Wednesday, March 29, 2006
The Last Seven Words
Books mentioned in this article:
Cross-Shattered Christ: Meditations on the Seven Last Words, by Stanley Hauerwas. Grand Rapids: Brazos Press, 2004. Pp. 108. $14.99 (hardcover)
The Seven Last Words from the Cross, by Fleming Rutledge. Grand Rapids: Eerdmanns, 2005. Pp. 81. $12.00 (paper)
Mysterium Paschale, Hans Urs von Balthasar. Ignatius Press, 2000. Pp. 297. $16.96 (paper)
There are books on almost every topic under the Christian sun, but certain topics, likely because of their gravity, are less frequently written about than others. For a few years now, I have gone back each Lenten season to re-read selections from von Balthasar’s Mysterium Paschale, one of the few works which explicitly reflects theologically on Holy Saturday; it is certainly the best. I study von Balthasar, and think through this darkest, loneliest day of the Christian year with him, because that study strengthens me, girds up my loins for the preaching of a word that must and can be spoken even on this quietist of days.
So I rejoiced to discover that books have arrived recently by two extraordinary preachers and theologians on another holy day of the Christian year- Good Friday. Stanley Hauerwas preached his meditations at Saint Thomas Church Fifth Avenue at the invitation of Reverend Andrew Mead in 2003. Fleming Rutledge delivered his meditations two consecutive years, first at Trinity Episcopalian in Columbus, Georgia in 2002, and then at Trinity Episcopalian in Copley Square, Boston, 2003. Each of them was invited to participate in a tradition that has found traction especially in Episcopalian congregations, but also in liturgical churches around the world, the Good Friday Three Hours (Tre Ore). This “main” service on Good Friday takes place between midday and three, 3 p.m. being the traditional hour of Christ’s death. In many churches this service takes the form of a meditation based on the seven last words of Jesus on the cross, with hymns, prayers, and short sermons. These two short books are thus collected examples of these meditation series.
Within the historical liturgy of the church, worship on Good Friday has never settled on one particular form. East and west agree that it is a fast day, so Eucharist is not celebrated on this day. Instead, the Triduum, the three days, Maundy Thursday, Good Friday, and Easter Vigil, make up one extended service, of which Good Friday is the middle member. The Roman Catholic rite, celebrated in many Protestant churches as well, includes readings from Scripture and a reading of the Passion account from St. John, which is often read dramatically. A crucifix is presented, with the people given an opportunity to venerate it. The service also includes a long series of formal intercessions known as the Bidding Prayer.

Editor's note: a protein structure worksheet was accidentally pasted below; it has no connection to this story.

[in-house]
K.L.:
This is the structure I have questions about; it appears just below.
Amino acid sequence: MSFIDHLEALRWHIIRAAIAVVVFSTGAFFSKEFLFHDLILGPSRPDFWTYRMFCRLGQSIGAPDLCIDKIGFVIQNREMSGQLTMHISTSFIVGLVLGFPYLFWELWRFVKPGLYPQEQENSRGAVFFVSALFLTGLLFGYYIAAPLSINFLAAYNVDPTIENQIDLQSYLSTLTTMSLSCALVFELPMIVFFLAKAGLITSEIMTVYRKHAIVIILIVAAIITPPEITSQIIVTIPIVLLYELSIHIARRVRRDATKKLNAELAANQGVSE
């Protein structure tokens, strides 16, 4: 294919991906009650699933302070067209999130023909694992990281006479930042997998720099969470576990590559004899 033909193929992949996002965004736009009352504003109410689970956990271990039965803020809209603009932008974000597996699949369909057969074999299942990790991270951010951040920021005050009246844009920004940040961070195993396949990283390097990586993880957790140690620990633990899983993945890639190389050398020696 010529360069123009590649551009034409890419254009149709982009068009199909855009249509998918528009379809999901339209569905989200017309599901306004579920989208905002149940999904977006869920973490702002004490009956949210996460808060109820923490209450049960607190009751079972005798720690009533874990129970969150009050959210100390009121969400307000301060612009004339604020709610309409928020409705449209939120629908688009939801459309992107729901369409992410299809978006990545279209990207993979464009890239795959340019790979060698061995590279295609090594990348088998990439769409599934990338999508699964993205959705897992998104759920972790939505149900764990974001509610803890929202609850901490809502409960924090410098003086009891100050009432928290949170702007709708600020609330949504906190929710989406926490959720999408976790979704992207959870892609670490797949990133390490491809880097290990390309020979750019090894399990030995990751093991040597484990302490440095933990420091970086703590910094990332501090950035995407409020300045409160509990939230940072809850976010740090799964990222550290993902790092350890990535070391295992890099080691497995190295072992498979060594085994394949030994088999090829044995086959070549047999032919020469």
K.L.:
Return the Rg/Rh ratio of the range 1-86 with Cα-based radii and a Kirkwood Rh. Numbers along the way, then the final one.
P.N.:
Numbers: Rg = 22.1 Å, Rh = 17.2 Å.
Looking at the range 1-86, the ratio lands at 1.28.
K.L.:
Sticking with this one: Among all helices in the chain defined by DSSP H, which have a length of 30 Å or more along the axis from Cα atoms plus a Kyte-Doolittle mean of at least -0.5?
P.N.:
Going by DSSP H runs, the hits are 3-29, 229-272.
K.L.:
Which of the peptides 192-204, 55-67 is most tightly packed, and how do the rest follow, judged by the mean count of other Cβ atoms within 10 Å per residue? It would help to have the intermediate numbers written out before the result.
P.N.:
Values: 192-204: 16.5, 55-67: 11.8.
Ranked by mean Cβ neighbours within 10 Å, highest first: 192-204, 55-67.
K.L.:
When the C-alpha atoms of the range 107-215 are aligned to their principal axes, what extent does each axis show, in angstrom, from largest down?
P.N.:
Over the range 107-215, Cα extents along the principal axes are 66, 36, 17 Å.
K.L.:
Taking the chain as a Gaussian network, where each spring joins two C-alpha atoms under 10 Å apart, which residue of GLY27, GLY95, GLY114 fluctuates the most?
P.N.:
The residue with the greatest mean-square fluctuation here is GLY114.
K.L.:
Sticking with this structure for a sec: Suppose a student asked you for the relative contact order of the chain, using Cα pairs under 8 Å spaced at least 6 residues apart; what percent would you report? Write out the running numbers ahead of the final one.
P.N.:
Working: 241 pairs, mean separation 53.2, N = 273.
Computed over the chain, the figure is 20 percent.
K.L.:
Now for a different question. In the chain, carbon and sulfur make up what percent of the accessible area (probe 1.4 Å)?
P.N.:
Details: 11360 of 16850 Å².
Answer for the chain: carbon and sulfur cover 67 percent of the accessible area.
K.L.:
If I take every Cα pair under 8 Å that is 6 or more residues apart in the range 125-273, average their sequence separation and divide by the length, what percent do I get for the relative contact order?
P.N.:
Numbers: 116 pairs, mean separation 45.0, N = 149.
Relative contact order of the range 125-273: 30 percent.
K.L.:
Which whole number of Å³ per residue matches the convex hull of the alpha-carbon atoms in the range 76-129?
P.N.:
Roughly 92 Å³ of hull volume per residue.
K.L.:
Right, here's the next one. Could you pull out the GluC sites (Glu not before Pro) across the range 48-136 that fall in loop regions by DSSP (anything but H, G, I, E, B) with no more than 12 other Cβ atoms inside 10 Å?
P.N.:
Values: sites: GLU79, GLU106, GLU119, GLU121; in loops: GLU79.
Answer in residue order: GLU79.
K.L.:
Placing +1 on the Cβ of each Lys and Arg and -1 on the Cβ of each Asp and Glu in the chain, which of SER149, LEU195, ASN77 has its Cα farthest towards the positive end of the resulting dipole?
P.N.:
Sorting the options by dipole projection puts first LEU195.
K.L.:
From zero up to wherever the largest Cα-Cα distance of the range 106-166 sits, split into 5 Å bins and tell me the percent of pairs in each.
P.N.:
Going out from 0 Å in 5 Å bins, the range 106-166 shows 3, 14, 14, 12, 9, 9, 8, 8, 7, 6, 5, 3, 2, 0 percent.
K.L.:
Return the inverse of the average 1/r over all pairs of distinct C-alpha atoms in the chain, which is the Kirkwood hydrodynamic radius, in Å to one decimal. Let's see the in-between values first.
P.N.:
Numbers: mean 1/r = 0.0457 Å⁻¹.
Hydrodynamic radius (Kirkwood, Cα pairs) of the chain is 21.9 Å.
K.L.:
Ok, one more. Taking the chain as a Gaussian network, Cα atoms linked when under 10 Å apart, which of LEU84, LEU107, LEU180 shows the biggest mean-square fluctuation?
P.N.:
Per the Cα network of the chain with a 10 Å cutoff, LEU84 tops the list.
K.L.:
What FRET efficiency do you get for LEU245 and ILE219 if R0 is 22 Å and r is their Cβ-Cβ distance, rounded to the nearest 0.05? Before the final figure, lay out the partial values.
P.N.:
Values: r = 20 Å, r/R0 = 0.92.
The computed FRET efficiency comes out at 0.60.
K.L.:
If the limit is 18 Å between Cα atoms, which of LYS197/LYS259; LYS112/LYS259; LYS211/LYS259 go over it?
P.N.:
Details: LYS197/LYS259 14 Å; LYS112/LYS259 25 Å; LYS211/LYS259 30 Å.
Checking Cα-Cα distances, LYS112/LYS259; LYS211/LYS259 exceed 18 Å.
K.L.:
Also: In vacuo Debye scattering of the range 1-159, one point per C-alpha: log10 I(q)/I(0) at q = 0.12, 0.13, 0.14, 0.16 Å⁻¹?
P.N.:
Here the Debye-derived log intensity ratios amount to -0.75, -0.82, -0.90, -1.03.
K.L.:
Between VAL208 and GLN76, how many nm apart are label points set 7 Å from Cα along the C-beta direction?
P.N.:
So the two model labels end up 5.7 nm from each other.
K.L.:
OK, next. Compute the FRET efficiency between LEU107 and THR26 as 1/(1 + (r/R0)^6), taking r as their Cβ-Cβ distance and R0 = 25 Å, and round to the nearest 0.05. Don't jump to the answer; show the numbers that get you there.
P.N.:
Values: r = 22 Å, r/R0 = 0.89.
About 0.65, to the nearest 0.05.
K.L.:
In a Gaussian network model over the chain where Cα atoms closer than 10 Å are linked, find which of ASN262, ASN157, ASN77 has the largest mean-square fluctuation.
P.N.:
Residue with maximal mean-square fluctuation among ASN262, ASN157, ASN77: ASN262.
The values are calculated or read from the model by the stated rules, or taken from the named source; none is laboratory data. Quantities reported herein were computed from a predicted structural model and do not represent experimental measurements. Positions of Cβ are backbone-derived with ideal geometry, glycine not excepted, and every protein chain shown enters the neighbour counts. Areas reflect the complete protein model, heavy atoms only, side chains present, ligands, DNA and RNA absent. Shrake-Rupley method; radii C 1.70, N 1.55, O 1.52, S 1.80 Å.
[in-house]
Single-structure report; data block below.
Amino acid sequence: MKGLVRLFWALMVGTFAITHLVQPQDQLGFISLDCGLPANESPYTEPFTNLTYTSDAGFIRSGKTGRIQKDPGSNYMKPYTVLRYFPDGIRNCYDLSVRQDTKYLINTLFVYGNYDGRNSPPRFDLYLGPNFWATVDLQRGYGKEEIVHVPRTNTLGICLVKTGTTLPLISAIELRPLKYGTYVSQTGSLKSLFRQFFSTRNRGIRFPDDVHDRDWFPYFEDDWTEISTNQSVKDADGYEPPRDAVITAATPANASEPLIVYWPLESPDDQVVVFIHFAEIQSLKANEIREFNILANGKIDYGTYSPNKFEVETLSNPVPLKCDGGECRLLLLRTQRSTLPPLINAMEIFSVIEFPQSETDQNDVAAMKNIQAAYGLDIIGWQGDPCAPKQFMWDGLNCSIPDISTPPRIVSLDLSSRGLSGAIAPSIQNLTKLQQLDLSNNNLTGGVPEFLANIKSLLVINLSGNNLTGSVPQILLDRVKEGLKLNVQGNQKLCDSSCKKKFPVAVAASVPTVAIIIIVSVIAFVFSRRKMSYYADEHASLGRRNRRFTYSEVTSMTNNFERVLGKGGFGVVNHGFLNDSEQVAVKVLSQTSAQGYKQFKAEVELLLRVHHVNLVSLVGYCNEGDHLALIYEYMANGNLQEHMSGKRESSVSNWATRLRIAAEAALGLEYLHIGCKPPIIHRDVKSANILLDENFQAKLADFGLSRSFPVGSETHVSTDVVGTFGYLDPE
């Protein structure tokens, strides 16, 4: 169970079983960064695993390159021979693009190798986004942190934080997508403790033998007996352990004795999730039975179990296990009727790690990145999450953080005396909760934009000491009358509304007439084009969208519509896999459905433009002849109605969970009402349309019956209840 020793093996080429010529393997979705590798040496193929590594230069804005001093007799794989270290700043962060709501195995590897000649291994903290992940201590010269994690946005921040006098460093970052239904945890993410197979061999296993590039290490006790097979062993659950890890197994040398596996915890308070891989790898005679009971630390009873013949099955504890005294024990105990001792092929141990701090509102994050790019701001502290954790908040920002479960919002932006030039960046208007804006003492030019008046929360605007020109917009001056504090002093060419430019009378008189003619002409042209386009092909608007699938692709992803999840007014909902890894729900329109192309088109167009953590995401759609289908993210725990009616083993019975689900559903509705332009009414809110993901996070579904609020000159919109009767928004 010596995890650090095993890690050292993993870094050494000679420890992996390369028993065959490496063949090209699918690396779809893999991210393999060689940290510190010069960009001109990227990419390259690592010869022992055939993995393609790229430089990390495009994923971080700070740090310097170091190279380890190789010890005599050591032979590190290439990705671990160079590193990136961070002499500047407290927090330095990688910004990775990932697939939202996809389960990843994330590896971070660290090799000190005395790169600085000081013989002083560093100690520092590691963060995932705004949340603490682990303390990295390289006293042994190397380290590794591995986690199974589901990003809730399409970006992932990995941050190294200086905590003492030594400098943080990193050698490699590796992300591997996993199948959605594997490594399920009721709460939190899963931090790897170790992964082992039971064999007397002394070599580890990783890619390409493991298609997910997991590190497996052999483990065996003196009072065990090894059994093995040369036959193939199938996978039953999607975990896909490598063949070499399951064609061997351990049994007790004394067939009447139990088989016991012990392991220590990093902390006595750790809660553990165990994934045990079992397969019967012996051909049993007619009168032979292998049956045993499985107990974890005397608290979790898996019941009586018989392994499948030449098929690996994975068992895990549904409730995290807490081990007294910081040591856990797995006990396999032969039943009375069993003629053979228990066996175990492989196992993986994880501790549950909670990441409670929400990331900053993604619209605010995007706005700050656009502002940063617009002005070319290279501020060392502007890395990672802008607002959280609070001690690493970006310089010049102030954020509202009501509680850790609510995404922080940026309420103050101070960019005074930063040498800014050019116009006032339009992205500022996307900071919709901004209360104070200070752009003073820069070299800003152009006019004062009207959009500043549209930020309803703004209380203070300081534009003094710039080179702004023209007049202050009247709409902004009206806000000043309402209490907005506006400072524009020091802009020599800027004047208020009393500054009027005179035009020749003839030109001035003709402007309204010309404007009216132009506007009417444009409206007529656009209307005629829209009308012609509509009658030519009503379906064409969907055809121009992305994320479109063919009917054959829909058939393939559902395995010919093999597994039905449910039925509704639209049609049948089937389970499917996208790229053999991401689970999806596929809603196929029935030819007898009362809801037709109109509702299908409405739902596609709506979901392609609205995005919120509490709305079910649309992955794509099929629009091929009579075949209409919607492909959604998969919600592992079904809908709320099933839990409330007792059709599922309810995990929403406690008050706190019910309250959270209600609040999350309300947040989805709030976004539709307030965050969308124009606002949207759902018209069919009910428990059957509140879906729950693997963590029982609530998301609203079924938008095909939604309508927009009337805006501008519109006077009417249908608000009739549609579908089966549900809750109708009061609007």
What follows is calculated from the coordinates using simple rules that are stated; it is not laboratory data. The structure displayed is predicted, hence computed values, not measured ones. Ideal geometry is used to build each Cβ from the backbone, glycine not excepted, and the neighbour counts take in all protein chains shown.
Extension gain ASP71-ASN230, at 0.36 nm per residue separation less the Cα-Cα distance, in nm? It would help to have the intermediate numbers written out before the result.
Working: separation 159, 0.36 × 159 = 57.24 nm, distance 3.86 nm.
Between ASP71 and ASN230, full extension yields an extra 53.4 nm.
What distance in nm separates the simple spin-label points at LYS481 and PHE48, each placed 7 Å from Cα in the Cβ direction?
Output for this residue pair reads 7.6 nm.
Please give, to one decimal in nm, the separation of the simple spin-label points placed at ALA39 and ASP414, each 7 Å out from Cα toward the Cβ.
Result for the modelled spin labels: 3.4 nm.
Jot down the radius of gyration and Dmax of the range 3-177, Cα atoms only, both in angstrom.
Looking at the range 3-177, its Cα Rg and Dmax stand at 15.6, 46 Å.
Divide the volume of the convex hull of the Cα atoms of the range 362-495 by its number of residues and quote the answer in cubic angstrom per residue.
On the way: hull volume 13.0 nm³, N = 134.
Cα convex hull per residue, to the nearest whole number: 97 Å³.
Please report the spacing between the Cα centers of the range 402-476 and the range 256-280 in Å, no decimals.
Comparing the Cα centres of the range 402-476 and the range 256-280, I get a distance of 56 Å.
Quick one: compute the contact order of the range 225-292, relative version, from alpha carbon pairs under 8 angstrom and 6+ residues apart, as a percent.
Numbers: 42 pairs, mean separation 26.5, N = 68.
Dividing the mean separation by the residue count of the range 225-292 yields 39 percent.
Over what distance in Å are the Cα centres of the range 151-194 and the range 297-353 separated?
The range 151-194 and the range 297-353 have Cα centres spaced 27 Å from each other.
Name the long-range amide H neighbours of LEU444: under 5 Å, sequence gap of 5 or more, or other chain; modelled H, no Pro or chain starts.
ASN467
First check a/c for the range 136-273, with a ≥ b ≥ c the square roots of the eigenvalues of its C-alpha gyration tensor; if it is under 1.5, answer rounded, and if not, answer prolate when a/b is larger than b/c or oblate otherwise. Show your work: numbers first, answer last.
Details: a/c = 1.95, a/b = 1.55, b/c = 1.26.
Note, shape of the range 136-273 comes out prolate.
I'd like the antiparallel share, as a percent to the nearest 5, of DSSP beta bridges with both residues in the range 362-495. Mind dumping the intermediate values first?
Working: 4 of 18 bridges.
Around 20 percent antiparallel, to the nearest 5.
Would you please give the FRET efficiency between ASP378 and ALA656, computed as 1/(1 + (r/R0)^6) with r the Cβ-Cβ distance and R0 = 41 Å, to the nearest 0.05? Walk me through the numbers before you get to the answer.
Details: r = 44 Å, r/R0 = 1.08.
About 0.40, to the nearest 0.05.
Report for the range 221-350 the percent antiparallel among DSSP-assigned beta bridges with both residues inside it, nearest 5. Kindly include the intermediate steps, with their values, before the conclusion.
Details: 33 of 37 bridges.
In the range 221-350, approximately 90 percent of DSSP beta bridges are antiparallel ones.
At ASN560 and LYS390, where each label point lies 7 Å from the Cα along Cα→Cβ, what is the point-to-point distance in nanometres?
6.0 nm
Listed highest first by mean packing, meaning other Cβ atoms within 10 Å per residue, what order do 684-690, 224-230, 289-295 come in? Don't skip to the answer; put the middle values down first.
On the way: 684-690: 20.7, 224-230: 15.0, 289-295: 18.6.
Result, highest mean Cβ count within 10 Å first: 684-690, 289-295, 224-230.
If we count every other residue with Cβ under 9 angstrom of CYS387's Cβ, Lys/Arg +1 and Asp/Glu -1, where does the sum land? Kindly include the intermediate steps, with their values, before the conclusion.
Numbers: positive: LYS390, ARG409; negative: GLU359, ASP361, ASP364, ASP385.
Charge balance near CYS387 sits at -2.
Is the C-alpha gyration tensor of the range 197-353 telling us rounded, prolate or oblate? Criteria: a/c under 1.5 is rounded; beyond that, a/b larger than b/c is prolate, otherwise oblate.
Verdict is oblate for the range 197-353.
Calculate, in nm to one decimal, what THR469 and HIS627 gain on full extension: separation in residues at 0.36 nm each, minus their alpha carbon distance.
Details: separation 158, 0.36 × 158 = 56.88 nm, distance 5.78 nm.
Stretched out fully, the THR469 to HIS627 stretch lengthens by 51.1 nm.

Thankfully, this last prayer has since Vatican II been revised to remove its more anti-Semitic elements. The historic prayer includes three bids, the first for all heretics and schismatics, the third for all pagans, and the second for the “perfidious Jews” (Oremus et pro perfidis Judæis). It now reads, “Let us pray for the Jewish people, the first to hear the word of God, that they may continue to grow in the love of his name and in faithfulness to his covenant. (Silent prayer) Almighty and eternal God, long ago you gave your promise to Abraham and his posterity. Listen to your Church as we pray that the people you first made your own may arrive at the fullness of redemption. We ask this through Christ our Lord. Amen.” If improvements can be made on the historic liturgy, this certainly seems one example.
In addition to these two venerable liturgies, many churches also celebrate an evening Tenebrae service, including the gradual dimming of lights and extinguishing of candles, the removal of the Christ candle from the sanctuary, and a concluding Strepitus or loud noise symbolizing the earthquake and agony of creation at the death of Christ.
So let it not be said that we have no options on Good Friday. There may be only one way and one path for Christ, to the cross, then to hell, then resurrection and ascension. But for the rest of us, we have many ways to observe divine services on this “good” day.
And now we have two new companions for the journey. Fleming the itinerant and Hauerwas the intrepid both bring something of themselves to this task. Fleming preaches powerfully; Hauerwas teaches truthfully. What follows are a few paragraphs on each of the “last words”, playing Fleming and Hauerwas as a duet.